What is Green hydrogen touted as the cheapest ‘transformative fuel’ of the future?

By SamvadaWorld Staff Nov14,2020
(Image credit: EU website)

Saudi Arabia is building a futuristic city in the desert which will be a home to a million people. The city called Neom will be fully smart with robots as domestic helps and drones as taxis. Buildings will be smart and the city will function with aid of automation. But the city will not be powered by fossil fuels or nuclear or solar or wind energy. The city will be powered by a new fuel called ‘Green hydrogen’.

The Green hydrogen is a carbon-free fuel made from water by using renewably produced electricity to split hydrogen molecules from oxygen molecules. Green hydrogen (H2) is obtained either by steam reforming of bio-based feedstock or by splitting water by electrolysis. The electricity needed for this electrolysis process is generated exclusively from renewable sources. Many countries and companies across Europe, the Middle East and Asia are embracing this fuel.

While Saudi Arabia is banking on this futuristic fuel to run its new city, Australia has described Green hydrogen as a “transformative fuel” which is being adapted much faster than expected. Energy analysts have said that green hydrogen was likely to make hydrogen created with gas and coal as the most cost-effective form of the energy in the next few years and by the end of the next decade it could be fully adapted to the industry too.

Various reports from around the world suggest that a green hydrogen rush is already underway, and many companies, investors, governments and environmentalists believe it is an energy source that could hasten the end of fossil fuels and thus help in slowing global warming. Energy experts say that while wind and solar energy can provide the electricity to power homes and electric cars, green hydrogen could be an ideal power source for energy-intensive industries like concrete and steel manufacturing. It can also help the transportation sector that is more difficult to electrify.

Energy analysts opine that as the world adapts to newer forms of clean energy, it is the last 15% of the economy which is hard to clean up and this includes aviation, shipping, manufacturing, long-distance trucking. They believe that Green hydrogen can really hasten the process of clean up and aid faster adaptation to new fuel sources.

Europe, which is heavily dependent on Russian natural gas today, is investing heavily in green hydrogen by funding for construction of electrolysis plants and other hydrogen infrastructure. Germany has allocated the largest share of its clean energy stimulus funds to green hydrogen. Recently the European Commission opined that Green hydrogen “is the missing part of the puzzle to fully decarbonise the economy”. The statement reflects the EU’s commitment to adapt to green hydrogen.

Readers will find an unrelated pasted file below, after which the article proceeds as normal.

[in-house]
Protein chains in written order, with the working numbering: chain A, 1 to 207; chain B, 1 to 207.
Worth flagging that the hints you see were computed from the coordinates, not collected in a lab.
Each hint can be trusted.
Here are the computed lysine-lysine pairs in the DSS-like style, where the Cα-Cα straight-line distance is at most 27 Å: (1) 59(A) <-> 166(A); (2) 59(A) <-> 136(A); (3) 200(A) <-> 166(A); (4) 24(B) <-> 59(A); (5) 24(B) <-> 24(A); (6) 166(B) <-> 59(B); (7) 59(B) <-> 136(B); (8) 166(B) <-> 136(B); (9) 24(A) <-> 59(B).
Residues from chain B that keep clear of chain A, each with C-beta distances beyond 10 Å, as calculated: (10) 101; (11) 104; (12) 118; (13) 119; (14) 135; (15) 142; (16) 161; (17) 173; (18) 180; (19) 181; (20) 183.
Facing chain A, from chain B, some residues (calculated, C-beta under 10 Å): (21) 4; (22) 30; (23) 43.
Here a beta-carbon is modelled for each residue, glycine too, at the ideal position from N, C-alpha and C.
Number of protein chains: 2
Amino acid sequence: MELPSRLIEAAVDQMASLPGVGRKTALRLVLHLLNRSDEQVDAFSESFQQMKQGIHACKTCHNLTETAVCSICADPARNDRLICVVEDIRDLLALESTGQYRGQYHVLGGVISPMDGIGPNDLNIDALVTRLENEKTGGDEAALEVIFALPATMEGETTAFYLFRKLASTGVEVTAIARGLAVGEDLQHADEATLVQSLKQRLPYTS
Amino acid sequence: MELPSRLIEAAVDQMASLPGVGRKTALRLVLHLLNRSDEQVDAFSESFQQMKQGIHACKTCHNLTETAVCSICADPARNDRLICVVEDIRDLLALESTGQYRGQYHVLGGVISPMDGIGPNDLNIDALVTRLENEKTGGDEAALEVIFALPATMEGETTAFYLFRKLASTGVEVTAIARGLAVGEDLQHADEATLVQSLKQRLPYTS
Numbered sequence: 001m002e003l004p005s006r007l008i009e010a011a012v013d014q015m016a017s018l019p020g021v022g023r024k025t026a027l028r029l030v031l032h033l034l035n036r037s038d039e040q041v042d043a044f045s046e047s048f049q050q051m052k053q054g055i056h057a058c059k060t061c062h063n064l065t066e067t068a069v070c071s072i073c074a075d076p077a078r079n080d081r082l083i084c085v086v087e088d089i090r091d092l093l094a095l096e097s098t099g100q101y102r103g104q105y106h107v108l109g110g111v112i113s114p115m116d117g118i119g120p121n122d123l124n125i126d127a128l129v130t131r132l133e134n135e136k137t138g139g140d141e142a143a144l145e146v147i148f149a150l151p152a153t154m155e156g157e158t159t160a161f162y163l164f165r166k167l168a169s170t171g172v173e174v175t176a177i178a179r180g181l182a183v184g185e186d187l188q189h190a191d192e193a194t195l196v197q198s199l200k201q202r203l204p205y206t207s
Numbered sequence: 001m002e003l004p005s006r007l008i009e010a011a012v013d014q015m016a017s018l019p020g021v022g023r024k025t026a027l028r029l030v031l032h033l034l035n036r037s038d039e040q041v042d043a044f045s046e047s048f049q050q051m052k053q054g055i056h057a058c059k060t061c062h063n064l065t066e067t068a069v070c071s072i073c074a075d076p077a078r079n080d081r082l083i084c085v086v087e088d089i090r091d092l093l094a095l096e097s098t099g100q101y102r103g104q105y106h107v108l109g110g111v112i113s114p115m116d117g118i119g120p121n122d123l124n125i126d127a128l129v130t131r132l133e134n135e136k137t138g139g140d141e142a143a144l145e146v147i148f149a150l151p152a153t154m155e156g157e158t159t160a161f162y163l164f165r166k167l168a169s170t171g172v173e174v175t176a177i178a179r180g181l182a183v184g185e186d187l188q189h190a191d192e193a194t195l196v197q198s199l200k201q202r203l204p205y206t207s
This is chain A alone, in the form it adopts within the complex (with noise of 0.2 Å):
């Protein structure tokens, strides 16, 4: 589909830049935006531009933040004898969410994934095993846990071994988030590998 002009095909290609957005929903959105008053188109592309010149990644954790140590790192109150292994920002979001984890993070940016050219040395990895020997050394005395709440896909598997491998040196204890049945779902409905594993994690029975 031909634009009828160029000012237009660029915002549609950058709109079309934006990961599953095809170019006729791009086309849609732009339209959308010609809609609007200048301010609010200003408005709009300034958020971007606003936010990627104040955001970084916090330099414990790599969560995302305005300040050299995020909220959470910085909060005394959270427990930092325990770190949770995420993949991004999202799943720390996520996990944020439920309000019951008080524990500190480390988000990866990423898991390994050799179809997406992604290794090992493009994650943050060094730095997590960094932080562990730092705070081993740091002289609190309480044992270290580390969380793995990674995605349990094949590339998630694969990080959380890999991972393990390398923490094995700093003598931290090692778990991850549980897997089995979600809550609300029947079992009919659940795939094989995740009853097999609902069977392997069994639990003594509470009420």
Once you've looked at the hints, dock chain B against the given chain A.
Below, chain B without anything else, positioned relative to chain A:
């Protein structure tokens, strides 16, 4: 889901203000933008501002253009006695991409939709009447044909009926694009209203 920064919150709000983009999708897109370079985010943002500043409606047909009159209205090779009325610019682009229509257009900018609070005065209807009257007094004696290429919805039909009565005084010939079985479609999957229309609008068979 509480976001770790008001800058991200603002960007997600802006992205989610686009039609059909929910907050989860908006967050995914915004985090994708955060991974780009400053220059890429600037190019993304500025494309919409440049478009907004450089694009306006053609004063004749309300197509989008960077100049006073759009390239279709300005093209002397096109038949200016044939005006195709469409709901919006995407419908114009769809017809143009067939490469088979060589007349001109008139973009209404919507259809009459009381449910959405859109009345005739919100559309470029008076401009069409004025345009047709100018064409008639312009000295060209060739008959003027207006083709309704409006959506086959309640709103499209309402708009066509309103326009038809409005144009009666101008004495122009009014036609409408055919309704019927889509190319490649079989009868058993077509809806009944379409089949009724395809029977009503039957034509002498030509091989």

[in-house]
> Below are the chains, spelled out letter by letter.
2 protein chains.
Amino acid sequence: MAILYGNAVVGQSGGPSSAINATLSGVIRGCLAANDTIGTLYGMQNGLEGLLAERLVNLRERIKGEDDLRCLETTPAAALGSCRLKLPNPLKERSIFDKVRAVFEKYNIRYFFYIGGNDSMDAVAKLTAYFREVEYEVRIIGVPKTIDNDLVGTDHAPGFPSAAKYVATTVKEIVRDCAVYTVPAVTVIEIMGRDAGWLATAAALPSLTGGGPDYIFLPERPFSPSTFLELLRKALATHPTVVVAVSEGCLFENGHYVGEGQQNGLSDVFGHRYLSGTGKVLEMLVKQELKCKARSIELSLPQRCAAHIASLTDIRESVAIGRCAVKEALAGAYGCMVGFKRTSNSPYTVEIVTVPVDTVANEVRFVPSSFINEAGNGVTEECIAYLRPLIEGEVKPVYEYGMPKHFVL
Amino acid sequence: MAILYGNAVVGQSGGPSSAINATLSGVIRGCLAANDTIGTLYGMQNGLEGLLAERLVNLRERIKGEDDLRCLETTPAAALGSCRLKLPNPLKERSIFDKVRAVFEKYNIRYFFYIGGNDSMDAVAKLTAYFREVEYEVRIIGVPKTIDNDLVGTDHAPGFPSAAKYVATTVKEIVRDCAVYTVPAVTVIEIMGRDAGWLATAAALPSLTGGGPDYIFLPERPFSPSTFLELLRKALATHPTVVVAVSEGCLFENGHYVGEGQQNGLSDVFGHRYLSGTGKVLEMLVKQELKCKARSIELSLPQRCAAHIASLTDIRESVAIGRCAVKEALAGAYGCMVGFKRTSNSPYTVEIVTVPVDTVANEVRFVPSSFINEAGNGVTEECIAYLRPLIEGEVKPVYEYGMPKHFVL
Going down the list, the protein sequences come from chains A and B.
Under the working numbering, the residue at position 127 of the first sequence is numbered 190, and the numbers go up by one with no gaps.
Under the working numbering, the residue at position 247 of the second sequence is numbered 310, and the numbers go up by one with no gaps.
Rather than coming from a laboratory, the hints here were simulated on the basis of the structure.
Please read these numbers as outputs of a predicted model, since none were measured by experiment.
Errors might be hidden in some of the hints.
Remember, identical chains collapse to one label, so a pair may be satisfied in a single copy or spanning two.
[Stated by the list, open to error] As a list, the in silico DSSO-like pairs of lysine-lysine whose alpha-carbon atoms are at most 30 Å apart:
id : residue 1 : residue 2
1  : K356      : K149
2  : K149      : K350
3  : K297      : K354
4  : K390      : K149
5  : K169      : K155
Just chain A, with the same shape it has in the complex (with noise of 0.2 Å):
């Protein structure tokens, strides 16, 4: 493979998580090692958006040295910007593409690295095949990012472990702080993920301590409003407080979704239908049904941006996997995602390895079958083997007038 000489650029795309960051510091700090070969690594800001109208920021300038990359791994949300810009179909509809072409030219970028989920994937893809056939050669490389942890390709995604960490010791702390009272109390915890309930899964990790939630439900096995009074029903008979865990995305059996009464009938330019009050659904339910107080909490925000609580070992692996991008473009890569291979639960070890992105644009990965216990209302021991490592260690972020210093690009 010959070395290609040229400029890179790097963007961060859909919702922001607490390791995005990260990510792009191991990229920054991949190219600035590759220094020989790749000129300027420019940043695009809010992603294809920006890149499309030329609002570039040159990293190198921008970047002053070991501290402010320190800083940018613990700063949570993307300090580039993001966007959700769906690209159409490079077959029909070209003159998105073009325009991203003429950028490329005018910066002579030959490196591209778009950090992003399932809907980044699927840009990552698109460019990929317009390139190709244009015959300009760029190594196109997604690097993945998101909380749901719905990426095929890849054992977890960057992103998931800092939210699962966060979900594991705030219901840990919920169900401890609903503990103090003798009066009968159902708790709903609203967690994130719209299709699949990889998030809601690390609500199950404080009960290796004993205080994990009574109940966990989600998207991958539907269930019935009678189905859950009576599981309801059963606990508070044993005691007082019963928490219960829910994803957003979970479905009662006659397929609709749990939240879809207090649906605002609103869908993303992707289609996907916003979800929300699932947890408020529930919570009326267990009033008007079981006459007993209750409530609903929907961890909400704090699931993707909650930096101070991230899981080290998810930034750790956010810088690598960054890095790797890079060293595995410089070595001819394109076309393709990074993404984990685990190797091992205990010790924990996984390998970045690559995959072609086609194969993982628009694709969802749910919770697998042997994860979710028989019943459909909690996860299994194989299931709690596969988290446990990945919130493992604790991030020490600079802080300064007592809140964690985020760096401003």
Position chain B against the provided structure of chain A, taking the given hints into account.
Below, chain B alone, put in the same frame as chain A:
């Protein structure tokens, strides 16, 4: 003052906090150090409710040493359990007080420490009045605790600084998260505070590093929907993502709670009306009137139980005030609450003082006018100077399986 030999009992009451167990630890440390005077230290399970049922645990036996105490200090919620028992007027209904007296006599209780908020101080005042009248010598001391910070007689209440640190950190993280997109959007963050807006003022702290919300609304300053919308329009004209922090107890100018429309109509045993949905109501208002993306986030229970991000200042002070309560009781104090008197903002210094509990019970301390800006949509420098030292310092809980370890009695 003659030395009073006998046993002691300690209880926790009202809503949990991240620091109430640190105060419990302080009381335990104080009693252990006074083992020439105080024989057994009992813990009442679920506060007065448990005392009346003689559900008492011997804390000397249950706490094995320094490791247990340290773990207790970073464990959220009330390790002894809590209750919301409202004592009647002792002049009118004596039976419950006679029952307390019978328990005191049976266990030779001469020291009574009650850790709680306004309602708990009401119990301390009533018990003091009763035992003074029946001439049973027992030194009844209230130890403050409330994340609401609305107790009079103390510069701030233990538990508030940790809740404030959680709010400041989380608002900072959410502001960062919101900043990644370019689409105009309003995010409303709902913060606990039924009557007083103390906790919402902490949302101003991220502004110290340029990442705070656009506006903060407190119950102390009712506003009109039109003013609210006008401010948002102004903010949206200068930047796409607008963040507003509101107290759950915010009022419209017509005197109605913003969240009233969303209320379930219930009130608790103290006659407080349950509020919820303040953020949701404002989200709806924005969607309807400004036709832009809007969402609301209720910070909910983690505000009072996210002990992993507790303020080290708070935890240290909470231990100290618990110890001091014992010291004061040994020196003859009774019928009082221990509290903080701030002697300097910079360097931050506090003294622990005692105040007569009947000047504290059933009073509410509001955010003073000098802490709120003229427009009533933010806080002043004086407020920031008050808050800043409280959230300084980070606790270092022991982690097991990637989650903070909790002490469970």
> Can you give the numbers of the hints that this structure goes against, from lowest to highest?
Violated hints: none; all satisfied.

(Image credit: EnvironmentJournal.com)

However, not all energy experts are enthused with green hydrogen. Many say that issues in generating green hydrogen have not been sorted out. Michael Liebreich, a Bloomberg New Energy Finance analyst writes in an essay that since green hydrogen does not occur in nature, it requires energy to separate. “Its storage requires compression to 700 times atmospheric pressure, refrigeration to -253C… It carries one quarter the energy per unit volume of natural gas… It can embrittle metal, it escapes through the tiniest leaks and yes, it really is explosive.”

An energy consortium in Australia recently received environmental regulatory approval for a scheme to pipe hydrogen from a site near Pilbara in western Australia to Singapore. The scheme involved 1,600 large wind turbines and 30 square miles of solar panels to run a 23-gigawatt electrolysis factory to create its green hydrogen. But the facility, called the Asian Renewable Energy Hub, changed tack after recognising the difficulties of liquidising hydrogen and transporting it over such long distances, ABC News reported. Instead, the facility now plans to export ammonia, a more stable gas, instead.

As per estimates, to generate enough green hydrogen to meet a quarter of the world’s energy needs, it would take more electricity than the world generates now from all sources. It would also need an investment of $11tn in production and storage. It is due to similar issues that the world is currently focussed on only 15% of the economy being powered by alternative energy sources as industries such as heavy manufacturing, long-distance trucking, and fuel for cargo ships and aircraft cannot be easily supplied by wind and solar power.

Nevertheless, many energy experts believe that green energy cannot be the one stop solution as it is being made out to be but can certainly be part of the overall clean energy solution in the future. Supporters of Green hydrogen say that given the advantages of this new fuel source, we will ignore or not give its due importance at our own risk. They say that if it is  manufactured with renewable energy, it is CO2-free. Experts say that Green hydrogen has the potential to address many of the problems that people think are unsolvable due to climate change and hence it is worth the effort, time and money invested so that we create a better alternative for all of us. 

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